2013-09-15 Notes from the Bench

“Trumpet Tune in A”  by David Johnson

A commentary on this week’s music by Dr. James T. Gerber, Music Associate

Organ works of the “trumpet tune” genre are most frequently written by English or American composers, either as stand-alone pieces, or as a movement of a suite, and utilize the trumpet stops of the instrument. A trumpet tune may be an arrangement of a piece originally written for trumpet and keyboard, or vice versa, the adaptation of a solo keyboard work to include trumpet. Trumpet tunes have been written since the seventeenth century and played during various ceremonial events; Henry Purcell, Jeremiah Clark, and John Stanley composed some of the bestknown examples. During the twentieth century, numerous composers, including David Johnson, have written trumpet tunes and usually imitate the form and style of works written during the seventeenth century.

David N. Johnson (1922-1987) was an American composer, organist, and educator who taught organ at Arizona State University from 1969 until 1981, and was the organist and choirmaster at Trinity Cathedral. Prior to moving to Arizona, Dr. Johnson held teaching positions at Syracuse University in Syracuse, NY and St. Olaf College in Northfield, MN. Dr. Johnson studied music at the Curtis Institute of Music in Philadelphia, PA, Trinity University in San Antonio, TX, and Syracuse University, where he earned MMus and PhD degrees. He also served our country in the U.S. Army Signal Corps/Air Corps in India, Burma, and China, from 1942-1946, receiving the Meritorious Service Award.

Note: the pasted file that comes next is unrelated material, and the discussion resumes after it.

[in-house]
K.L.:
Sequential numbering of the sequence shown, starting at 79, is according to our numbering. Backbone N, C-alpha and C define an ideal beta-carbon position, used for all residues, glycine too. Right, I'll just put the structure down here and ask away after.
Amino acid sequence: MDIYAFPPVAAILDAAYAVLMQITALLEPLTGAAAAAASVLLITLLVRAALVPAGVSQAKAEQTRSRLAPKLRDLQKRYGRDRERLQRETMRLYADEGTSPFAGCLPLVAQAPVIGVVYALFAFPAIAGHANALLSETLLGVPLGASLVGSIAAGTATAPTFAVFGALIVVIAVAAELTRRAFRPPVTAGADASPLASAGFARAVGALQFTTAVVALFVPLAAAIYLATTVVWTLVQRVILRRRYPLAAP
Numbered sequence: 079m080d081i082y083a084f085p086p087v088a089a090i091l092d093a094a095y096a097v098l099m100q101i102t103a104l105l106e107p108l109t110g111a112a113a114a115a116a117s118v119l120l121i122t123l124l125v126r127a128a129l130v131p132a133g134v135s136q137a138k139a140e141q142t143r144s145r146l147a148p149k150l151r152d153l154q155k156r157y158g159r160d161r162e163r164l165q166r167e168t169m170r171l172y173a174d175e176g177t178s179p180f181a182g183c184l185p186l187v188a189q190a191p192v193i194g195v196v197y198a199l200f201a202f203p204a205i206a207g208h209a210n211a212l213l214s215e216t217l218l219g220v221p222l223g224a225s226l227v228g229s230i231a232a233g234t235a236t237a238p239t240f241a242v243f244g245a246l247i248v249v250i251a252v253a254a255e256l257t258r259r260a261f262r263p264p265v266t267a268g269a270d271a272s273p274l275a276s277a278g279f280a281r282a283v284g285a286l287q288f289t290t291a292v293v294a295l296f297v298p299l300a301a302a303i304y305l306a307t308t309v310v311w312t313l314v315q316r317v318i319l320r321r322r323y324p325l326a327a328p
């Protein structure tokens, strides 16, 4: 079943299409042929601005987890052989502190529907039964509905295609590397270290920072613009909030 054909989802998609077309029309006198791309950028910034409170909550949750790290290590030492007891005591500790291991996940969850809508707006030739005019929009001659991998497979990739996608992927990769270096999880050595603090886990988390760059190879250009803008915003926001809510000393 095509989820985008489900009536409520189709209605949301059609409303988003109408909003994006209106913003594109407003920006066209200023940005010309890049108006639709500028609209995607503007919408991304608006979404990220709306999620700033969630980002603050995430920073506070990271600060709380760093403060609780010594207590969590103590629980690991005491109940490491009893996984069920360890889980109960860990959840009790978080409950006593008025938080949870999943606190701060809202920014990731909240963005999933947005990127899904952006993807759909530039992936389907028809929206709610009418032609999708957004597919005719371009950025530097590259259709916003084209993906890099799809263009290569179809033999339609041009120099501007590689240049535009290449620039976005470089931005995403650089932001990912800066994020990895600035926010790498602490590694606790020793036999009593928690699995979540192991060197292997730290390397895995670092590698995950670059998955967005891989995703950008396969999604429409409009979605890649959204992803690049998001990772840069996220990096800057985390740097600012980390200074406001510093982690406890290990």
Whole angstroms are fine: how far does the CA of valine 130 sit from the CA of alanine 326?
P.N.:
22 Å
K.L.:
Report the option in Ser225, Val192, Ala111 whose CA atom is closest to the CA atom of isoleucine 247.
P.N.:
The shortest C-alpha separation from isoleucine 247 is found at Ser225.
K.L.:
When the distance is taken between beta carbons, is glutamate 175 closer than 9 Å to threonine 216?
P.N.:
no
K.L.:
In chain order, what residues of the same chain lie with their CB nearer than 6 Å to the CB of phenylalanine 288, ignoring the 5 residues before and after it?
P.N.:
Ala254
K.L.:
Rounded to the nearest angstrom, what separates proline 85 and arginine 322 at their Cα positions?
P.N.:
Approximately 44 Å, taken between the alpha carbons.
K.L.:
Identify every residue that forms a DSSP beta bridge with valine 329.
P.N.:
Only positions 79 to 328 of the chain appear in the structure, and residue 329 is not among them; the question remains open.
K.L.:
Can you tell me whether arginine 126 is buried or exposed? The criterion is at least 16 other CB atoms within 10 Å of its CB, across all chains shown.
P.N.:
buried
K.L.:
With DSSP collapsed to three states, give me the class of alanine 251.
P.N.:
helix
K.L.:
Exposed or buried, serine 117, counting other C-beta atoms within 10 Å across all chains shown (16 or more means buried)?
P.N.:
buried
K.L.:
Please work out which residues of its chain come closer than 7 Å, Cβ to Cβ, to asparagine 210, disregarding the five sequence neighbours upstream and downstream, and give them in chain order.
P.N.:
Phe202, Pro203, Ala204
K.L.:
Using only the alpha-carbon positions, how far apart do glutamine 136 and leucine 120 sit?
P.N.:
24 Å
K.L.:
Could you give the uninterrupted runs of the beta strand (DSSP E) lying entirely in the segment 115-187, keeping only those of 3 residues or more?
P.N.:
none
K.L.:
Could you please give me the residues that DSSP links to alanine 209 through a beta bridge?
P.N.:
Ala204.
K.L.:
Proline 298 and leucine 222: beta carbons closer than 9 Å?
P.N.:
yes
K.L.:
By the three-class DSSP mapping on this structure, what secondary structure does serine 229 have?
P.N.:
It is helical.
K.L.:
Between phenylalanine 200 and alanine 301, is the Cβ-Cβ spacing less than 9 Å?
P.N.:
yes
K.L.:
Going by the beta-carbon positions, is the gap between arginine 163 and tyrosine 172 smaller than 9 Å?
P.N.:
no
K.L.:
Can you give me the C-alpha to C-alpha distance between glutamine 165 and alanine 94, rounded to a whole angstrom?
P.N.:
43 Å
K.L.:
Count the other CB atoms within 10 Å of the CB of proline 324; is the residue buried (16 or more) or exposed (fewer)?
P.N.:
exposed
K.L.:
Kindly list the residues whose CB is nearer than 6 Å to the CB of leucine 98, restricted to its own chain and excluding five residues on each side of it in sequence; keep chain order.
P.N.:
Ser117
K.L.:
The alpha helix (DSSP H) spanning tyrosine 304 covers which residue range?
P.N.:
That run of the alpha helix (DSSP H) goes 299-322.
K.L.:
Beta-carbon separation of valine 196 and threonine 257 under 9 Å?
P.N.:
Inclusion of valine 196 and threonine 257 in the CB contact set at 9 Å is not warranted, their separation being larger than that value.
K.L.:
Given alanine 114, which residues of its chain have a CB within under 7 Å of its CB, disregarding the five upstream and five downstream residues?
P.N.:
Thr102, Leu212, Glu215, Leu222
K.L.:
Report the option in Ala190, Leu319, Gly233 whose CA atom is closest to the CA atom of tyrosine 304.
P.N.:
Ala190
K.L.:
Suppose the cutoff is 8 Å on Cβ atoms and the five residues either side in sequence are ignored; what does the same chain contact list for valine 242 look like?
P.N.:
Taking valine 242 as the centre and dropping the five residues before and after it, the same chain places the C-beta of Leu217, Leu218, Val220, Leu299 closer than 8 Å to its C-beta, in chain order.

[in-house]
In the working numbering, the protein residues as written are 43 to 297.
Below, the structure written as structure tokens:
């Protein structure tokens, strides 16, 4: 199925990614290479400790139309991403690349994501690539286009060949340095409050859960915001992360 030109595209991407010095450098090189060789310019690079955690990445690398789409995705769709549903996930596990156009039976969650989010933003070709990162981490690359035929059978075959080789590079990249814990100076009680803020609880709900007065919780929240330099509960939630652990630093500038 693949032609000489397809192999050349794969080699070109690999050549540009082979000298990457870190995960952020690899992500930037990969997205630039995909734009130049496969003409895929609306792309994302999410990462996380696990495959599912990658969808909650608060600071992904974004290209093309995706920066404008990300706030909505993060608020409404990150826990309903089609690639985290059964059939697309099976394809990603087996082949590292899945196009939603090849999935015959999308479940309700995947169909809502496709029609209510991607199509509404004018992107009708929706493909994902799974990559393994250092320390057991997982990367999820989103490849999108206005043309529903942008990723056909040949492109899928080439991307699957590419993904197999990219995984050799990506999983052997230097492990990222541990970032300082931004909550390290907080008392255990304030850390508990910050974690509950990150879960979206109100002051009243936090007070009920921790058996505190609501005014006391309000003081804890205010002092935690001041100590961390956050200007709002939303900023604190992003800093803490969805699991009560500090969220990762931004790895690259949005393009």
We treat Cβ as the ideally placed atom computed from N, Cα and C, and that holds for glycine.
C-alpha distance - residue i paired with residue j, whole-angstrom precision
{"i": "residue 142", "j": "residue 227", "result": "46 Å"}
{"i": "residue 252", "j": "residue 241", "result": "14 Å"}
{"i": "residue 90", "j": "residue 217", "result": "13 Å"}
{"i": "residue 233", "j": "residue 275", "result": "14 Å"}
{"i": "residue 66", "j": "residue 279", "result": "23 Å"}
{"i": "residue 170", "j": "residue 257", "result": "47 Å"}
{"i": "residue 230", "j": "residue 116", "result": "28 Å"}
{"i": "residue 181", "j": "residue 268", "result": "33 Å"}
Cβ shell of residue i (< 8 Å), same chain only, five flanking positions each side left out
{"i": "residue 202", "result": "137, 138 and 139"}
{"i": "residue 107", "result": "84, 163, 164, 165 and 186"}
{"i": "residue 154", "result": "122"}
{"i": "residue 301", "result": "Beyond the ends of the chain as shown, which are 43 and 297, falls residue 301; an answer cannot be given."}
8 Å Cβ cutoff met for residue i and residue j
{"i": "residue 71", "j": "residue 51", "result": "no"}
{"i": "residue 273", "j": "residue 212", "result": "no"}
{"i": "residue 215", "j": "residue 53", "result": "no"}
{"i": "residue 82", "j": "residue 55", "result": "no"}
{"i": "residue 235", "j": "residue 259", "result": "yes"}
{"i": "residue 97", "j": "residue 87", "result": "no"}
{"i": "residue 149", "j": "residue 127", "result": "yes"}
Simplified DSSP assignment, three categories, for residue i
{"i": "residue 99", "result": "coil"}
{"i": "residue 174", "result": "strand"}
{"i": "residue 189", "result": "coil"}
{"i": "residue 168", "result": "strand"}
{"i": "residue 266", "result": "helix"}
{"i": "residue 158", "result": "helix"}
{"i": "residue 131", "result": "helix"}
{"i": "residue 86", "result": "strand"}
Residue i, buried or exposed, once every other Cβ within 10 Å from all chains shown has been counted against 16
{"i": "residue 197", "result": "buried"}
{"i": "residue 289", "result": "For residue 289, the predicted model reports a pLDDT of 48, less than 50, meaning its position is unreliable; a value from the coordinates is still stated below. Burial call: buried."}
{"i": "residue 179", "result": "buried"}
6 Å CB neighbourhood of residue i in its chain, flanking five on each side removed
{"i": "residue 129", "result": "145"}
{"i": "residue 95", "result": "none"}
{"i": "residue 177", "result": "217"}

Dr. Johnson published over three hundred compositions, the majority being suitable for liturgical use. Among his solo organ works are settings of chorales, chants, and hymn tunes, and numerous trumpet tunes; “Trumpet Tune in A,” an outstanding example of this type of piece.

Leave a Reply

Fill in your details below or click an icon to log in:

WordPress.com Logo

You are commenting using your WordPress.com account. Log Out /  Change )

Google photo

You are commenting using your Google account. Log Out /  Change )

Twitter picture

You are commenting using your Twitter account. Log Out /  Change )

Facebook photo

You are commenting using your Facebook account. Log Out /  Change )

Connecting to %s

%d bloggers like this: